By Hannah Stevens @Hannahshewans
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Videographer / director: Quincy Perkins
Producer: Hannah Stevens, Ruby Coote
Editor: Thom Johnson
The farm, at Stock Island Detention Centre in Key West, was founded by accident in 1994 when the prison fenced off an area underneath to protect a gaggle of ducks that kept getting injured while crossing the road between the jail and a golf course.
Now the prison is home to over 150 animals, ranging from the original ducks and farm animals to alligators and a ten foot python.
Jeanne Selander, who manages the farm, takes four volunteers from the prison to help care for the animals and maintain the farm.
She said: “They are not required or forced to work on the farm. And that’s because we have animals here and if they don’t love the animals and working with the animals, they are not going to do well.
“Most other jobs in the jail, if you request to work and they put you in laundry, you don’t get to decide I don’t like doing laundry. You do laundry.”
And Jeanne admits that working with prison inmates does have its trickier moments.
She said: “I have had a couple of close calls or bad experiences with inmates. A lot of times they just get mad at each other and start fighting.
“So, I call for back-up and the deputy has come down. For the most part, having been here 12 years, I get really good inmates.”
The applications for working on the farm are fiercely competitive, as Jeanne only accepts inmates who truly care about the animals they’re looking after.
Lawrence, who is serving a two year sentence for battery and bodily harm, says the experience might help him get work with animals in the future.
He said: “It takes my mind off of being in jail. I was pretty stroked when I found out I got the job, I know I’m a hard worker. I like animals and I like to be outside rather than upstairs in jail.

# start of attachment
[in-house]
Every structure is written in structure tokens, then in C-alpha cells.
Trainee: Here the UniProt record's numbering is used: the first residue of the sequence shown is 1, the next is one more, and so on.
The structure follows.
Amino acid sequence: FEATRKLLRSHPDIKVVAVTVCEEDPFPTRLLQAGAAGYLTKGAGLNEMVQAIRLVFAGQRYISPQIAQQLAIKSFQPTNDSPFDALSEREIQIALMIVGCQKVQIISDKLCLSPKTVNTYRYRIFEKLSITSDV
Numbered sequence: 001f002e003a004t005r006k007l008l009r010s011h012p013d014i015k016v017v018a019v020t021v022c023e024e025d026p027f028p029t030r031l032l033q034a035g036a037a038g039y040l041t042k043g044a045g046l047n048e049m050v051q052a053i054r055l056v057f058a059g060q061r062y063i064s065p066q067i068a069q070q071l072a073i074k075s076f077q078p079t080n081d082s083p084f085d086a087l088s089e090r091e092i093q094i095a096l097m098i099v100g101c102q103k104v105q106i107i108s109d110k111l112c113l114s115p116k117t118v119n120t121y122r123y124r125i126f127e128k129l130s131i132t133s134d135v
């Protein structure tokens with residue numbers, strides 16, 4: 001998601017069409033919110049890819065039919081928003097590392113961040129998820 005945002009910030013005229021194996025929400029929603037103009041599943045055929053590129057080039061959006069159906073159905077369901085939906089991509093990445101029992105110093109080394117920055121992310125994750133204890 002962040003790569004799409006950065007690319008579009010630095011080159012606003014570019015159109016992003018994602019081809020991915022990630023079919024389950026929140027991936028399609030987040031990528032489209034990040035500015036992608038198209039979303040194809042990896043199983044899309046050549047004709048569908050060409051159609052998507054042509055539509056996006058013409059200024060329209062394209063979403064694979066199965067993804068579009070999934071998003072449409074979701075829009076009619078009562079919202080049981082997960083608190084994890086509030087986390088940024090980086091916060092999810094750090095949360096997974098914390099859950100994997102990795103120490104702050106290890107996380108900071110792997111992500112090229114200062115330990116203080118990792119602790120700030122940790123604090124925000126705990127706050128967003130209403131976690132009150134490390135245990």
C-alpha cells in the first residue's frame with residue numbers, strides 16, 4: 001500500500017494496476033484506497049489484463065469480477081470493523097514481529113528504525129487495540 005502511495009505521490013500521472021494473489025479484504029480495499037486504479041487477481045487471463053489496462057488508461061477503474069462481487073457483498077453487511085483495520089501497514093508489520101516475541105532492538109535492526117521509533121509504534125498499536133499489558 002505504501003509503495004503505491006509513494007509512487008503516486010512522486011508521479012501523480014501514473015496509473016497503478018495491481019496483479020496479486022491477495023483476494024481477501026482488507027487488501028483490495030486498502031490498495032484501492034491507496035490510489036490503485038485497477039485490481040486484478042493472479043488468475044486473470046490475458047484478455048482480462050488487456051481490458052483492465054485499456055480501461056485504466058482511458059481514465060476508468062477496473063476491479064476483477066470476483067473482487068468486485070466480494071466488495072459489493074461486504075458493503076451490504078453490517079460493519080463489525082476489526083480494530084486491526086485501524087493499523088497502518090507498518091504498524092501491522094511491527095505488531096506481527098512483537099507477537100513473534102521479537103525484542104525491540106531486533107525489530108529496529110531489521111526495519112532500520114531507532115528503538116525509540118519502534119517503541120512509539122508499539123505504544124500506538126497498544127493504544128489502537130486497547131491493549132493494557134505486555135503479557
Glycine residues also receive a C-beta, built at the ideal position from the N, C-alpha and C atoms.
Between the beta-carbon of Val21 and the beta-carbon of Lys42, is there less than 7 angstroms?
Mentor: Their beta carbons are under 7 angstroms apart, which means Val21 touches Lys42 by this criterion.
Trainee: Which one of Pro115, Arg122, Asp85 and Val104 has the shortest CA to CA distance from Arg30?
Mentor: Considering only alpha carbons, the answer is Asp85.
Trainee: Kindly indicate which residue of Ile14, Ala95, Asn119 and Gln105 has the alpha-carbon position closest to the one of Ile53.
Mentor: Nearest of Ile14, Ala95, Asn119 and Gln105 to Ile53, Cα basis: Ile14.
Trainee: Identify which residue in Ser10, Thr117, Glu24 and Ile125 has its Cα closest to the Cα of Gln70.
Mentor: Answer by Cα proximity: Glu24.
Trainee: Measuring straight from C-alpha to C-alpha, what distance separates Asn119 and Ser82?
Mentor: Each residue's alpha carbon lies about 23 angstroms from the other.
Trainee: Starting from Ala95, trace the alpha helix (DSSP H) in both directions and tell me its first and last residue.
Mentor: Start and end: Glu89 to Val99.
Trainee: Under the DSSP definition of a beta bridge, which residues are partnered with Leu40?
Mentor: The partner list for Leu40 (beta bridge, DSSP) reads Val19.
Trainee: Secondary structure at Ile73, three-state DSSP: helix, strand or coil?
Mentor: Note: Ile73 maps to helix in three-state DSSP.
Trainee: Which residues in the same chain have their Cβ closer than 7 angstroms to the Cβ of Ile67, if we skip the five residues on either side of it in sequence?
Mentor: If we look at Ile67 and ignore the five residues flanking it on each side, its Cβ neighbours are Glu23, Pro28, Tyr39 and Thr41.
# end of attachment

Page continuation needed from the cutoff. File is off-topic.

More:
“Animals are therapeutic, it’s just nice to get away from all the drama upstairs and stress, come down here and just take care of the animals.
“I have a day off Friday, but I don’t take it, I just come down anyway.”
Patrick, who is awaiting sentencing for a charge of burglary and stolen property, said: “Everybody wants to come down here but, y’know, a lot of people just want to come down just to be outside or just to take advantage of the benefits, but there is a lot of work involved.
“I grew up with snakes , so I’m a big fan of all the reptiles. There’s one turtle over there that I’ve really kinda connected with. His back legs are hurt, so he’s gotta be separated from all the other ones, but I take him out all the time and let him do his thing.”
“You would never think that there is a 2000 pound bull underneath a jail, a Tegu, the 10 foot Burmese python, just some stuff that you’re kinda like, ‘Wow’.”
While the farm regularly works with prison volunteers, it does not take on volunteers who have been convicted of violent or high profile crimes.
Jeanne said: “The biggest apprehension I had was working with inmates because I had never even been to a jail before, so I was told that they would train me and teach me how to work with the inmates.
“At first I was definitely a little intimidated about working with inmates. I’m down here by myself. I’m the only employee but I do have a radio and we have security cameras watching me at all times, so if I have a problem and I call for backup every deputy in the jail descends upon the farm to help me.”
“When an inmate comes upon their release date I have mixed feelings. First of all, if they are really good worker I hate to see them go, however, I build a relationship with them and I really wish the best for them when they get on the outside.”
The inmates work hands-on with all of the farm’s animals and help Jeanne build new enclosures and paddocks for the ever growing zoo.
Patrick added: “I’ve always worked my whole life, so being able to stay active, I mean, I wasn’t living the best lifestyle out there so it’s kinda of bringing me back to my element.
“Y’know, helping me to be a better person. I’m trying to change.”
When Selander started at the farm, there were just 20 animals but now they care for over 150 . They also host open days for local families to come and meet the inmates and the animals.
After struggling to find a job that held her interest, Jeanne says she loves the job because she is always learning.
Selander added: “I think this program is great for the inmates, I think the love that the animals give them, the unconditional love, some of them have never experienced that before.
“The animals don’t judge, they don’t care that you are wearing an orange outfit, they just know that you are the person that loves them and cares for them, so I think the inmates and the animals benefit from the love.”